If I had to choose one story…

See Easter 4(A)
http://www.edgeofenclosure.org

Tell me, you whom my heart loves, where you pasture your flock?
– Song of Songs 1:7

If you were given an opportunity to tell only one Christian story, what would it be?

Christ as the Good Shepherd, Mosaic from the Entrance Wall of the Mausoleum of Gall Placidia

As a Christian Educator I found myself in this position from time to time; plopped into a parish for a single Sunday guest appearance in a fly-by-the-seat-of-your-pants church school program. (Actually, some fly-by-the-seat-of-your-pants programs can be better than slick, expensive, fancy, well-organized ones… but I’m getting off topic.)

My “one story” is the parable of the lost sheep.

   Now all the tax collectors and sinners were coming near to listen to him.  And the Pharisees and the scribes were grumbling and saying, “This fellow welcomes sinners and eats with them.”  So he told them this parable:
   “Which one of you, having a hundred sheep and losing one of them, does not leave the ninety-nine in the wilderness and go after the one that is lost until he finds it?  When he has found it, he lays it on his shoulders and rejoices.  And when he comes home, he calls together his friends and neighbors, saying to them. ‘Rejoice with me, for I have found my sheep that was lost.’
   “Just so, I tell you, there will be more joy in heaven over one sinner who repents than over ninety-nine righteous persons who need no repentance.” – Luke 15:1-7

Everyone will be lost at one time or another. Or many times. Some of us chronically wander into narrow canyons where paths stop so abruptly you can’t even turn around and go back out. Only a shepherd’s crook from an overhanging ledge above can haul you up to safety.

The story of the Lost Sheep can also help cut through some of the density of the Johannine material for Good Shepherd Sunday. This Lukan story needs no explanation – the story works on levels simple and complex, personal and corporate, literal and allegorical, metaphorical and anagogical.

Anagogically and simply yours,
Suzanne

While looking for quotes this week I found this hymn by Elizabeth Clephane (1830-1869). (She also wrote the hymn Beneath the Cross of Jesus.)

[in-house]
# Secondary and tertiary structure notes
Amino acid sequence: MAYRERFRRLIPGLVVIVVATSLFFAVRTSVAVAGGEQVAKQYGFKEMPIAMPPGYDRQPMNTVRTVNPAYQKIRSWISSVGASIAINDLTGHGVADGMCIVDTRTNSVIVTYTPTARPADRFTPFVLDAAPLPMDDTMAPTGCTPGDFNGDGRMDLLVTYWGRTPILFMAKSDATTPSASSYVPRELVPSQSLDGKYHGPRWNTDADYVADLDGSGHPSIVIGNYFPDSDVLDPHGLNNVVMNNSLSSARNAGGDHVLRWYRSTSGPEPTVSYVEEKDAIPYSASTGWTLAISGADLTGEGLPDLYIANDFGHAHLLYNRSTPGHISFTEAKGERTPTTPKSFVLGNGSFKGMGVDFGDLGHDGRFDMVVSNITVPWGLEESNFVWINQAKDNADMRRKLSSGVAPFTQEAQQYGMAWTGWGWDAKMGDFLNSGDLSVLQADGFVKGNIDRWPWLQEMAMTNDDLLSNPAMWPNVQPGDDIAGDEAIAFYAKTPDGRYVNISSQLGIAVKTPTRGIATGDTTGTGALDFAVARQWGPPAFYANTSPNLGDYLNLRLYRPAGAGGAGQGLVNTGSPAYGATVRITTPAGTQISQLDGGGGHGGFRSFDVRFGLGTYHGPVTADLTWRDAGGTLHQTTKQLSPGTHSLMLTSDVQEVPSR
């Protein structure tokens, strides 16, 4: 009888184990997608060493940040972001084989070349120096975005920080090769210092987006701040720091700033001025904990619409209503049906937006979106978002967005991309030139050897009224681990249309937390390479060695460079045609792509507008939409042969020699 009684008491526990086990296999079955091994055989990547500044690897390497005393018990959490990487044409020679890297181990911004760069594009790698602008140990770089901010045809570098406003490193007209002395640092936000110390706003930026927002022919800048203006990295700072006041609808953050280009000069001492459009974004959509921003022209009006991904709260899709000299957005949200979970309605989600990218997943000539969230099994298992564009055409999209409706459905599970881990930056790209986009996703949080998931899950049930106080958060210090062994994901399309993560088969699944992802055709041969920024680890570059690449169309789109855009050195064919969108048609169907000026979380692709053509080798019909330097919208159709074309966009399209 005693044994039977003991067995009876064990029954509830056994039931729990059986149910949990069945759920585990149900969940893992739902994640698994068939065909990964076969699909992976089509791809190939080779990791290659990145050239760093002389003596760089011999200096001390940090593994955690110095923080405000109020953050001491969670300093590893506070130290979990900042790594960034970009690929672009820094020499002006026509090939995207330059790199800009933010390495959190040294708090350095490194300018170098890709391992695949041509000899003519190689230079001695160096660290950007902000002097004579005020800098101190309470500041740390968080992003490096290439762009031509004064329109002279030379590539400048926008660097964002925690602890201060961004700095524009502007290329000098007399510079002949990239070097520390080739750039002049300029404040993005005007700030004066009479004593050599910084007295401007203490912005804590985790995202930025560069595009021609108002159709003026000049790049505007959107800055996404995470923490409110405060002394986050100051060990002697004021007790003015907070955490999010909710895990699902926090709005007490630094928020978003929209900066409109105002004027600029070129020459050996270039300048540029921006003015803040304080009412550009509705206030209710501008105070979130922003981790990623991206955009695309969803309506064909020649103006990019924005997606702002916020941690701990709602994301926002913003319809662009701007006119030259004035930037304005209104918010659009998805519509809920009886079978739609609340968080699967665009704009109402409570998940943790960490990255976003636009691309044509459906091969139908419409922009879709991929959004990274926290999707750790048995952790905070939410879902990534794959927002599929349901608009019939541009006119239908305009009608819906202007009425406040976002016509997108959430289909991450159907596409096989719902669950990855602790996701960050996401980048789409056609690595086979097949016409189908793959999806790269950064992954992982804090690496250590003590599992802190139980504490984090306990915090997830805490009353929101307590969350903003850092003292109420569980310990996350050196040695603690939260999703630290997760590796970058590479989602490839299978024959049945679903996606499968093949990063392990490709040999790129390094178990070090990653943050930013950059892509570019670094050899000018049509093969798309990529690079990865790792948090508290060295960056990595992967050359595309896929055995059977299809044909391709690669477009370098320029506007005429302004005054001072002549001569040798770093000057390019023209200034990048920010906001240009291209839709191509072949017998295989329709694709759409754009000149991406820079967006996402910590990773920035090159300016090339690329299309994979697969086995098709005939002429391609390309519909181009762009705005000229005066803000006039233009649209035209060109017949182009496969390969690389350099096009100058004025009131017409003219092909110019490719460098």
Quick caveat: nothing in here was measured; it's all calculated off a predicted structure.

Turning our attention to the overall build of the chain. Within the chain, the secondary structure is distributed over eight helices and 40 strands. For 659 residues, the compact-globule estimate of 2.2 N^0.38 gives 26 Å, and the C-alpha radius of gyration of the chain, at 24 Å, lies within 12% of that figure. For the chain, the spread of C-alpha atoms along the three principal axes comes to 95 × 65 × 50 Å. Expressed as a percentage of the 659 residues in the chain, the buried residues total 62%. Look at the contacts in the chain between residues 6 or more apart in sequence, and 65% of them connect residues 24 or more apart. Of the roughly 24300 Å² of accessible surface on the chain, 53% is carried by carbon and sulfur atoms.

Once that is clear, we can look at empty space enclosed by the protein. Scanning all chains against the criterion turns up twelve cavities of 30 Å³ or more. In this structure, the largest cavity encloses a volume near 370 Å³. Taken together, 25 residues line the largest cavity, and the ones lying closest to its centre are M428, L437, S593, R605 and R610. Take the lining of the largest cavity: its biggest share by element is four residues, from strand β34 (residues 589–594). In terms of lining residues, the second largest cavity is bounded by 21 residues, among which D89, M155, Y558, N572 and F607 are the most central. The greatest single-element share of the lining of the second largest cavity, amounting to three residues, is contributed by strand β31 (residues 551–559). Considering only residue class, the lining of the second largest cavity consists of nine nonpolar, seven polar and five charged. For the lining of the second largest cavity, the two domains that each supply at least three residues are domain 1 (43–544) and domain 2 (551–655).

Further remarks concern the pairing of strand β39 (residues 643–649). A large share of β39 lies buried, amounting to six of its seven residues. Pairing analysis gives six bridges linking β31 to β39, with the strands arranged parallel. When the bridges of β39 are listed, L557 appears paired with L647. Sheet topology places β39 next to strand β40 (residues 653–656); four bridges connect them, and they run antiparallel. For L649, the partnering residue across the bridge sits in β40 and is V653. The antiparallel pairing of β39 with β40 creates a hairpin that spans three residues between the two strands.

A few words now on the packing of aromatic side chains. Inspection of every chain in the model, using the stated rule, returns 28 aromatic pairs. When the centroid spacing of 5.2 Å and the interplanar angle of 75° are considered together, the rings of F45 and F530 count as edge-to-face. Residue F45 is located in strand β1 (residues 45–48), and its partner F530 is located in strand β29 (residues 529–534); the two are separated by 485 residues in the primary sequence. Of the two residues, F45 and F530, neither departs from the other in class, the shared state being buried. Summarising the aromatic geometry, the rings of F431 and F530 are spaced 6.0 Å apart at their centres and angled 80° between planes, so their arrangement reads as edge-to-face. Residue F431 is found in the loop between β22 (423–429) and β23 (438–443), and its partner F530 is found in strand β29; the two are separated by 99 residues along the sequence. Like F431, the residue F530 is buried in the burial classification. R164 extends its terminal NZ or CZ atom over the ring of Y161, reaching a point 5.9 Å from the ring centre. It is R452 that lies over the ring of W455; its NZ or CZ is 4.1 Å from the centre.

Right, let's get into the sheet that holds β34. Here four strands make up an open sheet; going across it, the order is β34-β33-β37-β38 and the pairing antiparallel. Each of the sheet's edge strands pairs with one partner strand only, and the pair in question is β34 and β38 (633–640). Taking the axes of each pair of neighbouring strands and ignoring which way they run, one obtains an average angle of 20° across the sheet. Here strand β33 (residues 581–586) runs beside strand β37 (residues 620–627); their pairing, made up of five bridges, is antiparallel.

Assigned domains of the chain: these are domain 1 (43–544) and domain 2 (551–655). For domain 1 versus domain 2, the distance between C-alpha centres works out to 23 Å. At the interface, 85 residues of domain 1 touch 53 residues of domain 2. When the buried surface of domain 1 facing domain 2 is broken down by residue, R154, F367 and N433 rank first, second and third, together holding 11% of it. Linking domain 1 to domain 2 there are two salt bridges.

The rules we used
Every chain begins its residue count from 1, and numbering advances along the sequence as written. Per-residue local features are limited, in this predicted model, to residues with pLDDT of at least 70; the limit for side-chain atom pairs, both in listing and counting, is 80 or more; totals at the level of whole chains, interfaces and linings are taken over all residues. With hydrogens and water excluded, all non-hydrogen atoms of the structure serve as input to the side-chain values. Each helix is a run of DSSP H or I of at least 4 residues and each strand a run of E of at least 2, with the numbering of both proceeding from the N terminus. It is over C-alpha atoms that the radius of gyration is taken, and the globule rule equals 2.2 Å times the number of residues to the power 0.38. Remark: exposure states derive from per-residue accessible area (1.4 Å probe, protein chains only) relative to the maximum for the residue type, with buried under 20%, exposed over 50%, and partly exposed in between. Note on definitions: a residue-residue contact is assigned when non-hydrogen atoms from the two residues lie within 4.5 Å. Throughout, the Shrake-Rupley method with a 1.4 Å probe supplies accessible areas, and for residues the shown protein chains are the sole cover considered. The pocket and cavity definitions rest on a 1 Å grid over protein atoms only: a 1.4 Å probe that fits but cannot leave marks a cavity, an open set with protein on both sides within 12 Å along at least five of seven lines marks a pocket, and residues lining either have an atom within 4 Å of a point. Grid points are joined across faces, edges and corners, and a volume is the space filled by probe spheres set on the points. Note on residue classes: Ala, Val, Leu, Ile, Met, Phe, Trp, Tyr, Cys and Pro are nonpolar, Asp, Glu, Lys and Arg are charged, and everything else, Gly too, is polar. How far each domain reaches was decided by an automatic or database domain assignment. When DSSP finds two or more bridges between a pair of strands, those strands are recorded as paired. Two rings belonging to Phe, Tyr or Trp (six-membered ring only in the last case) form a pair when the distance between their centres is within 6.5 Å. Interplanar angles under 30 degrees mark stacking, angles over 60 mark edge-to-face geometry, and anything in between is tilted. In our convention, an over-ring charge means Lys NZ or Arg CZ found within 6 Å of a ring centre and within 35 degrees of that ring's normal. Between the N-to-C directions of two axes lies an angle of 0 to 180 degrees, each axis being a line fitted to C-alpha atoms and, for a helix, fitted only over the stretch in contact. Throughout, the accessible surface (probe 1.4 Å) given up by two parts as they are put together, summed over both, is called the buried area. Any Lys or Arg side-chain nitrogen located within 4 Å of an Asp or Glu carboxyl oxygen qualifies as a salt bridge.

There were ninety and nine that safely lay
In the shelter of the fold;
But one was out on the hills away,
Far off from the gates of gold.
Away on the mountains wild and bare;
Away from the tender Shepherd’s care.

“Lord, Thou hast here Thy ninety and nine;
Are they not enough for Thee?”
But the Shepherd made answer: “This of Mine
Has wandered away from Me.
And although the road be rough and steep,
I go to the desert to find My sheep.”

But none of the ransomed ever knew
How deep were the waters crossed;
Nor how dark was the night the Lord passed through
Ere He found His sheep that was lost.
Out in the desert He heard its cry;
’Twas sick and helpless and ready to die.

“Lord, whence are those blood-drops all the way,
That mark out the mountain’s track?”
“They were shed for one who had gone astray
Ere the Shepherd could bring him back.”
“Lord, whence are Thy hands so rent and torn?”
“They’re pierced tonight by many a thorn.”

And all through the mountains, thunder-riv’n,
And up from the rocky steep,
There arose a glad cry to the gate of heav’n,
“Rejoice! I have found My sheep!”
And the angels echoed around the throne,
“Rejoice, for the Lord brings back His own!”

Elizabeth Clephane  1830-1869  
The Ninety Nine

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2 Responses to “If I had to choose one story…”

  1. claire Says:

    Yes, I get lost quite often, which gives me the joy of being found 🙂
    If I were to tell one story, I think I would choose ‘The Prodigal Daughter.’
    Thank you for the poem; it is quite beautiful.

  2. Chris Says:

    Some of us wander into narrow canyons where paths stop so abruptly you can’t even turn around and go back out. Only a shepherd’s crook from an overhanging ledge above can haul you up to safety.

    Thank you for this vision. Yes, being lost is so often far worse than being lost–it’s being stuck. I’ll never look at the marvelous shepherd’s crook in the same way again.

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